The late Summer heat has settled in, and we do battle with it as we do the snow and ice when in winter’s coldest grip. The day divides into the early morning hours and evening–when it’s possible to walk the dog, mow the lawn, or play a game of golf–and the midday stretch, when we resign ourselves to that curious summer version of cabin fever, gazing out the windows at a formidable landscape as we listen to the hum of the air conditioner and wonder how they stood it out here in those first sod-busting years.

I remarked the other day on a rabbit, sitting in the near garden looking as rabbits always do whether winter, spring, summer or fall. All business, he sat still as stone and stared with his right side eye at me, while he surveyed God knows what with the one on the left side. Over 102 out there, and he remains at ease, not the least bit concerned, or at least appearing so. Is he hot? Is he saying to himself, “Damn, it’s hot out here?” No, because all he knows is “out here.” In the evening he will crawl into his warren, somewhere in my yard, and be cooler, though not cool. For now he watches, and waits, nothing but rabbit in late summer.

We time these days by the sprinkler. When did we last drag them out, when do we need to do it again? Is it really going to rain this time, or will it just be more sound and fury, a few stingy droplets on the sidewalk? Do I detect a brown patch? They come out of nowhere, despoiling an otherwise resplendent lawn and garden that grew without effort in April and June. This indifferent and unrelenting sun–it tries the living like the barker at a dance marathon. We have only so much stamina and patience for drudgery and sameness, for dull bright days of pounding sun and sizzling streets and sticky car seats.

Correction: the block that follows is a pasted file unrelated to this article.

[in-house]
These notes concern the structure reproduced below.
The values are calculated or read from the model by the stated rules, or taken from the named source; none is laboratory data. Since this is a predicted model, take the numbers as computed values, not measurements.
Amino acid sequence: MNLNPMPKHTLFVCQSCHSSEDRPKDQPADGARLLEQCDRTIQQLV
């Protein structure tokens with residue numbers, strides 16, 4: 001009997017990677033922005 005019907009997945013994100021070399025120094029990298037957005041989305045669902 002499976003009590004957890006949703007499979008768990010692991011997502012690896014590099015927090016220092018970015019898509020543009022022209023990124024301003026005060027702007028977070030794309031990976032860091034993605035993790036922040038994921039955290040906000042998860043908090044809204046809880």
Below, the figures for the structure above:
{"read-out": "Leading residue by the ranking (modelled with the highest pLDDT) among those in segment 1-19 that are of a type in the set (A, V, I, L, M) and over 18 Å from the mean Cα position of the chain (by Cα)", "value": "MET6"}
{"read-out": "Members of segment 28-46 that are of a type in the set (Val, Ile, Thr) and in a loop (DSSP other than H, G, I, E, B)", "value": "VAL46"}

But we know, like that rabbit knows his warren, of those evening times, and those morning times. In the morning the air is weighted with dew, it’s visible, it softens the landscape, and you can taste it. The mourning doves and robins and cardinals and sparrows all take advantage, and they look at you knowingly–“This is the time, eh?” they seem to say with that look. (Where do they go at midday?) At twilight the fireflies come into the yard by the hundreds this year, bobbing about slowly, clumsily, awkwardly looking for a date in the cool grass. Will-o’-the-wisps. As the yard darkens their glow increases, eventually becoming the defining pattern out there, always changing and chaotic with stop-and-go flickers of fade-in, fade-out motion. The summer’s night fire dance–its amusing repost to the day’s oppressive stillness.

And we dream the autumn will come, as we dream of spring’s first mud and tight budding in the depths of winter. We dream of cool breezes on skin warmed by the October sun, of swirling golden leaves and long walks in light jackets, the comfort of a temperate time. We know it will come, which makes today’s long sojourn between morning and evening something we can smile about. It will come, and we’ll forget the heat of long days, watch the moon come out like a huge clock face, and cherish that time until the first sprightly frosts of winter rekindle the cold fire of longing for change.

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